School Days in the 1930's
Memories of St Nicholas, Victoria Road and Manland schools
Thinking of school days in the 1930’s, most of us were taken to school, either St Nicholas Church School or Victoria Road Council School, by our mothers, walking from as far as Westfield and Bowling Alley (Longfield Road) areas. Both schools were for 5-14 year old girls and boys.
Lessons would start at 9am, with a mid-morning break of 10/15 minutes to drink a bottle of hot or cold milk costing a half penny, and finish at 12 noon. All of us walked home to dinner and walked back for lessons at 2pm. I emphasize lessons because we were not allowed to wander about but had to sit at our desks, in silence and listen to the teachers, who were able to command our attention. There was another break mid-afternoon and then we went home at 4pm, again most of us being met by our Mothers, unless we had someone in the senior classes who would take us home.
One particular teacher at the Church School, Miss Rogers, inspected our hands and finger nails at the beginning of every morning and afternoon, woe-betide you if there were any signs of dirt.
Outbreak of War
At the outbreak of war our dinner break was shortened to 12 – 1.30pm in order that we could finish school by 3.30pm. Everyone was then advised to get home quickly before dark and before the sirens sounded to warn that enemy aircraft were flying in the direction of Harpenden. Sometimes, the sirens sounded during the school hours and those of us at the Church School would in very orderly fashion, file from the classroom and sit out in the corridor on little mats (I suppose this must have been the safest part of the building, being in the centre of the School). We were all allowed a ‘tuck box’ in case the air raid lasted for a long period – which didn’t happen. Of course, we always carried our gas masks, and wore some form of identity.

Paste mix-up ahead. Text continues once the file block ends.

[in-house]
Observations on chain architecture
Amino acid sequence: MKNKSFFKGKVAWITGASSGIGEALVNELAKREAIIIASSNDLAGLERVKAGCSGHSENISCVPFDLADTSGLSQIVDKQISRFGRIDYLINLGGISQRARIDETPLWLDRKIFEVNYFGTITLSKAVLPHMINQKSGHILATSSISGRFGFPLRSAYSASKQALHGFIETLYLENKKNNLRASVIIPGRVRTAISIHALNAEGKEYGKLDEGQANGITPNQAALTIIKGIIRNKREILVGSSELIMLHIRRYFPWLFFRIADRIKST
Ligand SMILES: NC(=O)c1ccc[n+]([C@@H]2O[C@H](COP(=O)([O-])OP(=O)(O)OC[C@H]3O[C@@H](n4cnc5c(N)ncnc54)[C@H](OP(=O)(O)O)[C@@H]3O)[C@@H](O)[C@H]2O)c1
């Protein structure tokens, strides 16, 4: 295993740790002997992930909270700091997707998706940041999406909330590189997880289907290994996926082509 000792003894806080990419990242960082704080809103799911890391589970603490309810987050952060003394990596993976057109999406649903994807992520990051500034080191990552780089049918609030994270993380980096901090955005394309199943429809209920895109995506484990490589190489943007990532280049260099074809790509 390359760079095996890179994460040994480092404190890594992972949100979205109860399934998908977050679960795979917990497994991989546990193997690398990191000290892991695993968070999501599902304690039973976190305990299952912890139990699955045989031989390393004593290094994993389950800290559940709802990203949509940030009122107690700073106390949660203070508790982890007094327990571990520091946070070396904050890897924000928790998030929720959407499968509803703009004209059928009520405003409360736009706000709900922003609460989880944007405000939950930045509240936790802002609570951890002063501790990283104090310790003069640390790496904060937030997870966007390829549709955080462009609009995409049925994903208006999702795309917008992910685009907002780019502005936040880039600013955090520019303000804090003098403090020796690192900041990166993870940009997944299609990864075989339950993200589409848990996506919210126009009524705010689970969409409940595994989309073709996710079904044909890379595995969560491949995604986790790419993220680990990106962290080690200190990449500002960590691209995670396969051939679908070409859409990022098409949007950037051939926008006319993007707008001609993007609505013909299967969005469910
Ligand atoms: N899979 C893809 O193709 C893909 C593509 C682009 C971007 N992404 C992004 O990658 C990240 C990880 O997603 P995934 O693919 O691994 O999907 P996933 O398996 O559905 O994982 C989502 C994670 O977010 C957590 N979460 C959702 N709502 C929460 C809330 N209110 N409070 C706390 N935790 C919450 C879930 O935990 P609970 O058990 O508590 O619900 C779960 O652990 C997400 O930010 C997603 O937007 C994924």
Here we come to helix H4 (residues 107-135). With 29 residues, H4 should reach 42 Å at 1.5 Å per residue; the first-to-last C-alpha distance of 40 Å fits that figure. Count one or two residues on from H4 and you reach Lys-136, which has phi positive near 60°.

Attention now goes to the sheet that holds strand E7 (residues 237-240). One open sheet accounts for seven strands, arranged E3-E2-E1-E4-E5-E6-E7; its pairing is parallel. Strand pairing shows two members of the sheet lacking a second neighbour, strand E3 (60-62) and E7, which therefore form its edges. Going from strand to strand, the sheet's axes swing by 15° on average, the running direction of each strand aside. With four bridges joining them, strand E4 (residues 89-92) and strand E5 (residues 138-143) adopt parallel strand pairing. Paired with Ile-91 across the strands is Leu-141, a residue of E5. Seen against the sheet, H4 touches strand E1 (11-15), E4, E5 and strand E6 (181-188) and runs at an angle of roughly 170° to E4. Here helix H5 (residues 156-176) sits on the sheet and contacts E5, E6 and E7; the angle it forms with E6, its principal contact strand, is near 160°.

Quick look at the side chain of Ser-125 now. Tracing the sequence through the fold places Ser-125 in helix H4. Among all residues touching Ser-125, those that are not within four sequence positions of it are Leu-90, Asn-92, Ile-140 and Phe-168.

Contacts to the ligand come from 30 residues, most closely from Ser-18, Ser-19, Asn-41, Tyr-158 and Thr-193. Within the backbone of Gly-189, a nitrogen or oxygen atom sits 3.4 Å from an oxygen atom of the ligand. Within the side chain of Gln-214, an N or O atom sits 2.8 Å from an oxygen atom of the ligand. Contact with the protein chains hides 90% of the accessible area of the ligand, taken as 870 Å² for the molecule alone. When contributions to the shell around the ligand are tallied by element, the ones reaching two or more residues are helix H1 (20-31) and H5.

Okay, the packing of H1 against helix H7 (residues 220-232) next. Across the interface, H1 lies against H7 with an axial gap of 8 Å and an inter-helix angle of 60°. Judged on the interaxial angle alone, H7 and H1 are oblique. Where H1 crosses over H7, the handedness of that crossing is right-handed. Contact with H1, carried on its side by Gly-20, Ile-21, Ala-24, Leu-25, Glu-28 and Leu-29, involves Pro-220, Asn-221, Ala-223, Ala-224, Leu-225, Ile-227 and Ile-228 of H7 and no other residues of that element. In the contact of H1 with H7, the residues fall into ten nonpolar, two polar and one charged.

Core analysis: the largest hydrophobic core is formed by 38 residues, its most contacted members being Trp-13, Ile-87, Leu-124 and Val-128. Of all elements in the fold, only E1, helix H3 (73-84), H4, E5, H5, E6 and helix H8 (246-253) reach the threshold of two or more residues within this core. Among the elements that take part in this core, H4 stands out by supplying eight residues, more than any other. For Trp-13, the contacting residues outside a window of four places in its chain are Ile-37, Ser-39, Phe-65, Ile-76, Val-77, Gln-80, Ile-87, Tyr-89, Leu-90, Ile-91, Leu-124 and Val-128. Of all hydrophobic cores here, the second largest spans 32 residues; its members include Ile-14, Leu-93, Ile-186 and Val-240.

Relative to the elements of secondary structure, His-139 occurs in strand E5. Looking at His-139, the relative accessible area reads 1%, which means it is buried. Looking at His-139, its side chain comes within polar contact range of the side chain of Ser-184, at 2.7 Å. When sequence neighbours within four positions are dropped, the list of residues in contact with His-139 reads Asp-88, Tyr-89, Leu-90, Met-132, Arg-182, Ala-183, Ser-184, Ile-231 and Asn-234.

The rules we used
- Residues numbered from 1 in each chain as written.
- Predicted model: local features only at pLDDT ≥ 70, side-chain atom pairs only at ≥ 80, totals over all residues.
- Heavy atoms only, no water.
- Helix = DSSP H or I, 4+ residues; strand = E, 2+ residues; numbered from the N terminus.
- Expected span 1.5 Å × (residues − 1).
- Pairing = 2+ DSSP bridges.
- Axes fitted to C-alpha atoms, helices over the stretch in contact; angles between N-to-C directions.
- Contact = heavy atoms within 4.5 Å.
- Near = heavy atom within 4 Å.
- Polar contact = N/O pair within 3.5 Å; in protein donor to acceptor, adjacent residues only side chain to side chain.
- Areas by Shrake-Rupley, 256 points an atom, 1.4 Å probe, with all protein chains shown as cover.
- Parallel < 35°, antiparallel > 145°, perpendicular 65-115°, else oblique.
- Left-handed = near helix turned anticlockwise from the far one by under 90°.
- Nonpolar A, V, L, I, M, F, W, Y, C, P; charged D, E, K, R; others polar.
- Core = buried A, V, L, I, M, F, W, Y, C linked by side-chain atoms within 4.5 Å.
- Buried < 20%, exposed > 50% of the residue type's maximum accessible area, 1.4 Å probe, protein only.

I can remember my class teacher marrying Mr Rees and I believe a Mrs Shadbolt was married during this period also.
Whilst we didn’t have a lot of money I can recall stopping at “Buckingham’s” sweet shop – now Challis – where a kind elderly gentleman or his assistant, Sylvia, would serve you – perhaps with two blackjacks for a half – penny. On the corner by the fountain, during the summer months there was always a Walls “Stop Me and Buy One” ice cream man with his barrow. There used to be an old man with a dolls’ house, on a barrow, with white mice running all through it, does anyone else remember this?
During those days sheep used to roam the Common , and Mr Watler’s cows used to graze on the Common on their way from the pasture in Southdown Road (now St Dominics School) to the farm yard in Queens Road (now Bowling Close flats).
All children of eleven years upwards were transferred to Manland School, when it was opened, unless they passed the 11-plus examination and were then educated outside of Harpenden. Schooling then was 9 – 4pm with dinner in the canteen for which you paid unless you had sandwiches.
School rules and uniform
It was planned that there would be a uniform when Manland School opened but due to the war and shortage of clothing coupons this idea had to be shelved, but we still had to dress respectably; jeans wouldn’t have been allowed, I’m sure.
A rule of the School was: you must live beyond the Skewbridge before you were allowed to cycle to school. This rule was often broken.
Girls were not allowed to have long flowing hair; it had to be plaited or tied back. This was to prevent lice being caught by hair touching the desk. There were regular medicals and a nurse frequently checked our hair “for unwanted visitors”.
At this time, Redbourn did not have a Senior School so two coaches carried children to and fro from Manland School everyday. Also situated in the upstairs room at Manland, were pupils of the Hugh Middleton School. (I think this is the correct name) These seemed like ladies and gentlemen to us as they were 17 -18 year olds and quite smartly dressed.